Much as I enjoyed The Fighter -- and its uncharacteristically broad performances by Christian Bale, Amy Adams and Melissa Leo -- when I read the Oscar nominations yesterday and saw that the three supporting actors all got nods but that the lead (and title character) Mark Wahlberg did not, it confirmed a long-held suspicion that what gets honored during awards season is the most acting rather than the best acting.
Bale alluded to this when he accepted his Golden Globe for the role of Dicky Eklund, the jittery and strung-out half-brother of welterweight contender Micky Ward (Wahlberg). Bale said something to the effect that"loud" performances like his would not be possible without "quiet" ones like Wahlberg's, and that in the past he had delivered quiet performances and seen the loud ones get the attention. (He was referring to his implosive Batman in The Dark Knight, which won the explosive Heath Ledger a posthumous Oscar.)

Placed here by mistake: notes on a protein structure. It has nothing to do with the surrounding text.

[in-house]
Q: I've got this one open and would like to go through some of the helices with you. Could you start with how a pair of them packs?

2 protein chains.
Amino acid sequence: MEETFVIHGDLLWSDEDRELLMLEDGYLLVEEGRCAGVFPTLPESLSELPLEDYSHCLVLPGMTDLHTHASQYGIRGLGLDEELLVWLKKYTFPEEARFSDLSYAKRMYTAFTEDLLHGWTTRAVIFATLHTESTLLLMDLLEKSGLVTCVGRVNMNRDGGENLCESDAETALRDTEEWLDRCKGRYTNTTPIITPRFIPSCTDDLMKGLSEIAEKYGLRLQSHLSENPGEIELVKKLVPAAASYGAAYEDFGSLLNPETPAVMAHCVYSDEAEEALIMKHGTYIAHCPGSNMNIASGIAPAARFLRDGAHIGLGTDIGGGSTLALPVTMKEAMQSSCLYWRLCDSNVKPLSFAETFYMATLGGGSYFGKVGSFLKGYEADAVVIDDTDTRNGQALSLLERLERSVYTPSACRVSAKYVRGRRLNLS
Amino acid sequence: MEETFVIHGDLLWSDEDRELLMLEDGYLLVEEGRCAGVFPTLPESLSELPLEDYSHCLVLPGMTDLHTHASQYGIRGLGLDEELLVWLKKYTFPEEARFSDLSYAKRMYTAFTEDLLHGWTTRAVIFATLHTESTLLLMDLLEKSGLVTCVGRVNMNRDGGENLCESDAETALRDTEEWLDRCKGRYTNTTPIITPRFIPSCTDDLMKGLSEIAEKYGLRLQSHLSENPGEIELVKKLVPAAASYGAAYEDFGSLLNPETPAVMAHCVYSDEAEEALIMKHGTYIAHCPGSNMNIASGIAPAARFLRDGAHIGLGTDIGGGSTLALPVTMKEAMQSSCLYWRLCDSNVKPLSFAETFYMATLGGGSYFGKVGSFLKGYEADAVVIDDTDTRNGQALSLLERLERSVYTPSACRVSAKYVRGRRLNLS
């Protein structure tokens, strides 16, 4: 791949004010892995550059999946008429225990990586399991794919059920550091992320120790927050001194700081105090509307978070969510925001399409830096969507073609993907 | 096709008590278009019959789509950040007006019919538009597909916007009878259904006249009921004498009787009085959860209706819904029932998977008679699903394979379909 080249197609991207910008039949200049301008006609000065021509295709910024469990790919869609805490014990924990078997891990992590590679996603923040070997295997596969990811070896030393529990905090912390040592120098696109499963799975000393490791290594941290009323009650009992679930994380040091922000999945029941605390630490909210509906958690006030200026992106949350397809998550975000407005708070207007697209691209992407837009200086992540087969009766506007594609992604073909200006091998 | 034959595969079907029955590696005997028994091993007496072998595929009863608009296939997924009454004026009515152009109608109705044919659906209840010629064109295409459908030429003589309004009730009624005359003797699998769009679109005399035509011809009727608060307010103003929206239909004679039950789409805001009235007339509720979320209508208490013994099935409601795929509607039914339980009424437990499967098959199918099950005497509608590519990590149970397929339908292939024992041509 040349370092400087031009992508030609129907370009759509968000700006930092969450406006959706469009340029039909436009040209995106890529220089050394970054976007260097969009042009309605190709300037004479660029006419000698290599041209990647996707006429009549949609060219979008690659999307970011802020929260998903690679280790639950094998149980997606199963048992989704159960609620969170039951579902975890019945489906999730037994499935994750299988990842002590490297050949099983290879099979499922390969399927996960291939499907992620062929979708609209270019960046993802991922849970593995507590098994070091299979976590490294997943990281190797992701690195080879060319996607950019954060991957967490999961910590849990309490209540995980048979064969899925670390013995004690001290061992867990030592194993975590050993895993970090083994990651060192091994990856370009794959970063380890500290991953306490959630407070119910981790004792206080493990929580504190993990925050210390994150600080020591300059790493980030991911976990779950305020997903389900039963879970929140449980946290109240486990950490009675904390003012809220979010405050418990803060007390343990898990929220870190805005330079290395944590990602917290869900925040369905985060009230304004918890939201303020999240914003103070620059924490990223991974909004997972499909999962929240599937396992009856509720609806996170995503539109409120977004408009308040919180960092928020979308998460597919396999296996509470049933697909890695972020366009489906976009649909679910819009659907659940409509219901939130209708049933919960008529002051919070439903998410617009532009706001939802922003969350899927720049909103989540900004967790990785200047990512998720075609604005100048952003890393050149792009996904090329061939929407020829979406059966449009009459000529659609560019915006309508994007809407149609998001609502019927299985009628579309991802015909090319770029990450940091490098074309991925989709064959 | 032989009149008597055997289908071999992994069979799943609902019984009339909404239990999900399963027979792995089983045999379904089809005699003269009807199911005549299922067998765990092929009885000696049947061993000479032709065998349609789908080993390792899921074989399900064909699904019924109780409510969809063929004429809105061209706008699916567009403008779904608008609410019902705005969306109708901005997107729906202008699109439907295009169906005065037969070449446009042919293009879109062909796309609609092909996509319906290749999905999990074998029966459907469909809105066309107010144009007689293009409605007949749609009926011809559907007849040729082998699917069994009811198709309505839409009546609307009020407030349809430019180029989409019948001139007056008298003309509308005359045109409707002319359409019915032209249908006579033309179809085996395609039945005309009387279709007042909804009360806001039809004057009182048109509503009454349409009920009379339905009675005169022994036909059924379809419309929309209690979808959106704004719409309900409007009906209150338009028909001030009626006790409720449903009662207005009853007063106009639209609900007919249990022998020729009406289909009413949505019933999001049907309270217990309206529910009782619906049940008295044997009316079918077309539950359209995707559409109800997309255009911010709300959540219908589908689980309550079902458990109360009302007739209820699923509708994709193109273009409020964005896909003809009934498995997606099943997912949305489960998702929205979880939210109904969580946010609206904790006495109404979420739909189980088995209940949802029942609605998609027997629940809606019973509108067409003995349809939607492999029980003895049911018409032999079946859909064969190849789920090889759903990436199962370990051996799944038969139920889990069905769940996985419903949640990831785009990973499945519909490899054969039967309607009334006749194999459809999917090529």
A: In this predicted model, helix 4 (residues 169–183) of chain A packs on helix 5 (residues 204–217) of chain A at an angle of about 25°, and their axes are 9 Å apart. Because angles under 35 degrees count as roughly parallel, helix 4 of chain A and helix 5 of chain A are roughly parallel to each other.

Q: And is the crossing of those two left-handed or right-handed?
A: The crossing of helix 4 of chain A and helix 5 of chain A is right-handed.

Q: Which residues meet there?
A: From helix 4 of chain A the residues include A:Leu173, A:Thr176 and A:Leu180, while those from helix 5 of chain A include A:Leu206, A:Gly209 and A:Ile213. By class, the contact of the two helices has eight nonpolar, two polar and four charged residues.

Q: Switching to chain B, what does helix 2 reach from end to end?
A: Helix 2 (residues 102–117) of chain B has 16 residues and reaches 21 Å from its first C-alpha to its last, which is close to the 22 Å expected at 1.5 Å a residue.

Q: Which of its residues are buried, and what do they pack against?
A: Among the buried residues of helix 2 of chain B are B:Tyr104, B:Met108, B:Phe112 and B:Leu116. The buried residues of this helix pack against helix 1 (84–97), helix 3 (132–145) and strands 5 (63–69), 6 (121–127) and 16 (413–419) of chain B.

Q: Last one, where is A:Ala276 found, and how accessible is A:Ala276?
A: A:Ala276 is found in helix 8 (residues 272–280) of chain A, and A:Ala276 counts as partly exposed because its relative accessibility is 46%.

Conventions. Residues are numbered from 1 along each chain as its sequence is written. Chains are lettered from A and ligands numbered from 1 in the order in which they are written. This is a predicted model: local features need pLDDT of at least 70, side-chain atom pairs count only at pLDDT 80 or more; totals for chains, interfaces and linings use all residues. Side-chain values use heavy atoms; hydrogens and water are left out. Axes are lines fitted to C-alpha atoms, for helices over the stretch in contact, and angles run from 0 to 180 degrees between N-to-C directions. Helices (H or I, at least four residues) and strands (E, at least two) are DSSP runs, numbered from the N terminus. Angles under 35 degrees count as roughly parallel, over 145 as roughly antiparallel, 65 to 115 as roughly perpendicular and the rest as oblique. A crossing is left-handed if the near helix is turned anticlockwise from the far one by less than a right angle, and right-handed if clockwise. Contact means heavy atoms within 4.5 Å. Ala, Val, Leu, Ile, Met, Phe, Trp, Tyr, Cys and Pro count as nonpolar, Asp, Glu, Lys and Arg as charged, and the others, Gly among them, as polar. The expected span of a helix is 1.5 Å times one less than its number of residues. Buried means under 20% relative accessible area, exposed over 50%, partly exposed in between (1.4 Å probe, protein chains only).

As the loudmouthed matriarch of the Eklund/Ward clan, Melissa Leo likewise gives a "loud" performance, one that wags refer to as "Hey, chowdahheads, gimme tha Oscah!" And so does Amy Adams, bossy and prickly where usually she is deferential and sweet. Oscar likes acting that looks like acting rather than acting that is the invisible disappearance of actor into role. Oscar likes change-of-pace performances, when good-looking performers gain weight and deglamorize, as with Robert De Niro in Raging Bull and Charlize Theron in Monster.
Given this year's nominees, this bias favors Bale and Leo in the supporting roles and Colin Firth (The King's Speech) and Natalie Portman (Black Swan) in the lead roles. But I would be happy to see the more modulated work of Annette Bening (best actress nominee for The Kids Are All Right) and Hailee Steinfeld (supporting nominee for True Grit) be rewarded.